Aggregating Proteoglycans in the Vascular Wall
September 17, 2020
SUNEEL APTE, MBBS, D.PHIL.
Department of Biomedical Engineering
Cleveland Clinic Lerner Research Institute
Took place on September 17, 2020 at 1:00pm EST
SUNEEL APTE -
Suneel Apte studied medicine at the University of Bombay, India, and trained in orthopaedic surgery before embarking on a career in biomedical research. He completed a D. Phil. in Clinical Medicine as a Rhodes Scholar at Oxford University, UK, in 1990, working with John Kenwright at the Nuffield Orthopaedic Centre. After postdoctoral training at Harvard Medical School with Bjorn R. Olsen, he established an independent research group at the Cleveland Clinic Lerner Research Institute. Suneel’s group investigates extracellular matrix and matrix-degrading proteases in cell regulation, morphogenesis and human diseases, including cardiovascular disorders. The laboratory uses mouse genetic models, gene editing, protein chemistry, and proteomics. He has served the American Society for Matrix Biology in many roles, including organizing its 2014 biennial conference and chaired the 2013 Gordon Research Conference on Matrix Metalloproteinases. The laboratory is currently supported by the Allen Distinguished Investigator Program, through support made by The Paul G. Allen Frontiers Group and the American Heart Association and by the National Institutes of Health.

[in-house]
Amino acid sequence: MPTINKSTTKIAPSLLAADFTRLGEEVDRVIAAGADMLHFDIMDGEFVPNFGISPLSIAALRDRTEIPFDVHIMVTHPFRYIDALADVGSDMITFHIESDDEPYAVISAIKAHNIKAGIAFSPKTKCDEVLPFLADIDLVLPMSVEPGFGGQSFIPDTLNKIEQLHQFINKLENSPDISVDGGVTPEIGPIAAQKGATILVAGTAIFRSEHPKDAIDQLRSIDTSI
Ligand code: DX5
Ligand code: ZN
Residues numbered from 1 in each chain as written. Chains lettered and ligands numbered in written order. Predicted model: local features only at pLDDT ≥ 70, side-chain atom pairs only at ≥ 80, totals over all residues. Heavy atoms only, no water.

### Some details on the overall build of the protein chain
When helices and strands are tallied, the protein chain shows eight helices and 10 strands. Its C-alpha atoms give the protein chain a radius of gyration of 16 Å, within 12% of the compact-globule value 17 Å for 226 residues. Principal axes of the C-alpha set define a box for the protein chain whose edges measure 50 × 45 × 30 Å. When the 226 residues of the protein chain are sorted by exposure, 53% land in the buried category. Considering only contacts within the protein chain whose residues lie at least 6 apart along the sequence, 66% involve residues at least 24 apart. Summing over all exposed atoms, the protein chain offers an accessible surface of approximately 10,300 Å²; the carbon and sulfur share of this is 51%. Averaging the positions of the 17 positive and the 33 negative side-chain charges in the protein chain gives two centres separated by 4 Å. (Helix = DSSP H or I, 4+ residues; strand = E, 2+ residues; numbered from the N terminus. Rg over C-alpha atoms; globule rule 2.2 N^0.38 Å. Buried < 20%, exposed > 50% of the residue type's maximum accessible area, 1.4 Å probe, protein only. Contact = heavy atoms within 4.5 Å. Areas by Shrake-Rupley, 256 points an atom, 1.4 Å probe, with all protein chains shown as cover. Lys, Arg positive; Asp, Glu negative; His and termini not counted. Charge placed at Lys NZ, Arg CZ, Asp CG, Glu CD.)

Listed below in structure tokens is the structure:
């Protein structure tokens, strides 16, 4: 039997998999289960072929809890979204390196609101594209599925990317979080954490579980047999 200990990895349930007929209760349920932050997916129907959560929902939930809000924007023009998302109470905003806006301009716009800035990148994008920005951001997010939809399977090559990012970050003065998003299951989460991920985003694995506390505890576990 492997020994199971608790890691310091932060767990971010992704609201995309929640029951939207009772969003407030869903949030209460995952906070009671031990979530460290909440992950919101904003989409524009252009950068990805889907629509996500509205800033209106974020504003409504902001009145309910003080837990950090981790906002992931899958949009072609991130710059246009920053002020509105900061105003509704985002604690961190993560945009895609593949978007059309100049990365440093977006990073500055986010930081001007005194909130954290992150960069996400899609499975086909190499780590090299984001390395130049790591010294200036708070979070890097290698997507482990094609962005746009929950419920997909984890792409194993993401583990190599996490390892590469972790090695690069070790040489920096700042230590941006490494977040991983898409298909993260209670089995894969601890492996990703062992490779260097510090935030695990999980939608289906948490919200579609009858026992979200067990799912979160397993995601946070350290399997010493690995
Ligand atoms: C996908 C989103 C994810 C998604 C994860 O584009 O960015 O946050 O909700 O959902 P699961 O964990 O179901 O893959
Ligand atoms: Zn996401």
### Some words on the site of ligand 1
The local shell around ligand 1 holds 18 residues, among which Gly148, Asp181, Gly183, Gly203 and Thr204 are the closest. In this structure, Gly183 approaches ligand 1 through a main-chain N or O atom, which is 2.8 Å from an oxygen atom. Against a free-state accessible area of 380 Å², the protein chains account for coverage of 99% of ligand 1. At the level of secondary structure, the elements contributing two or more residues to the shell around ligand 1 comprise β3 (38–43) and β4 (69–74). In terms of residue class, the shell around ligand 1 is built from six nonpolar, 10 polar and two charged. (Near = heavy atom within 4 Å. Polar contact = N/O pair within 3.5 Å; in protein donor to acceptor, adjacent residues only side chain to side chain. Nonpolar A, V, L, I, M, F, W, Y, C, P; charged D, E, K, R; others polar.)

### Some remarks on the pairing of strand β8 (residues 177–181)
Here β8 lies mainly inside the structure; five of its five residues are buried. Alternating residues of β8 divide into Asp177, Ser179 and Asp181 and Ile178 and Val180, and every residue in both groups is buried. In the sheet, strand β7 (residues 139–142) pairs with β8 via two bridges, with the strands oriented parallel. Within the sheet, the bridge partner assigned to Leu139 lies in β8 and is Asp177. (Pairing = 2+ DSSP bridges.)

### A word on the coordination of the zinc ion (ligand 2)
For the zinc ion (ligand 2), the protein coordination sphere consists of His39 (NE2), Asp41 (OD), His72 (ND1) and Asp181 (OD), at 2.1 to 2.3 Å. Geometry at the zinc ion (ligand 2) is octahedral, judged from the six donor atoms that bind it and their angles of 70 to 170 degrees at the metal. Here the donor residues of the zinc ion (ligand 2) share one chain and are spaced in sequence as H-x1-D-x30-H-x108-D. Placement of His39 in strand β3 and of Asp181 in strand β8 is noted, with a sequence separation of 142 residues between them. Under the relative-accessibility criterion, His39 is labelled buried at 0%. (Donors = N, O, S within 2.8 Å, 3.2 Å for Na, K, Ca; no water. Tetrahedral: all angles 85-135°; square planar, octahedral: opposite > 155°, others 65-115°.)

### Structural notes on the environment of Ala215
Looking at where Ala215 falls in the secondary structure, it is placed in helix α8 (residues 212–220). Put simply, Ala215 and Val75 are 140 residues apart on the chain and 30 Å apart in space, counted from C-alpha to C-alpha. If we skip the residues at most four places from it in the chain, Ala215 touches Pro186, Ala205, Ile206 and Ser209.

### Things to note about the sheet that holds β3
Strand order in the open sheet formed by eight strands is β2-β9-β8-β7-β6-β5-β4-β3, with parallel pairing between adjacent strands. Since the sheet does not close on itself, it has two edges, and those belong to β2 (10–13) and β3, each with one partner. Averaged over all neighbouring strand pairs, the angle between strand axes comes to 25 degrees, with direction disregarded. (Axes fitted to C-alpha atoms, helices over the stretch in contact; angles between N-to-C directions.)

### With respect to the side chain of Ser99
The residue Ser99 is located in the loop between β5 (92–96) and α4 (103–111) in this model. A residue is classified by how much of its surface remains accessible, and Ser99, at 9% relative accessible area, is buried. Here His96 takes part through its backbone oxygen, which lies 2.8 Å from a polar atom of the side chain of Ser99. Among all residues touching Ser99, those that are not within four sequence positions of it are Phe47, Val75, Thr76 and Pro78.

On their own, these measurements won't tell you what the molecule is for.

Vascular wall composition and structure has an important role in vessel biomechanics at the tissue level and also in cell regulation. Proteoglycans, which are protein core + glycosaminoglycan composites, contribute vital structural properties to vessel extracellular matrix and have important regulatory roles vis-à-vis vascular cells. Proteoglycans that form aggregates with hyaluronan constitute a special class with unique attributes. The presentation will review their roles in vascular function and pathology illustrated by recent work for our laboratory.
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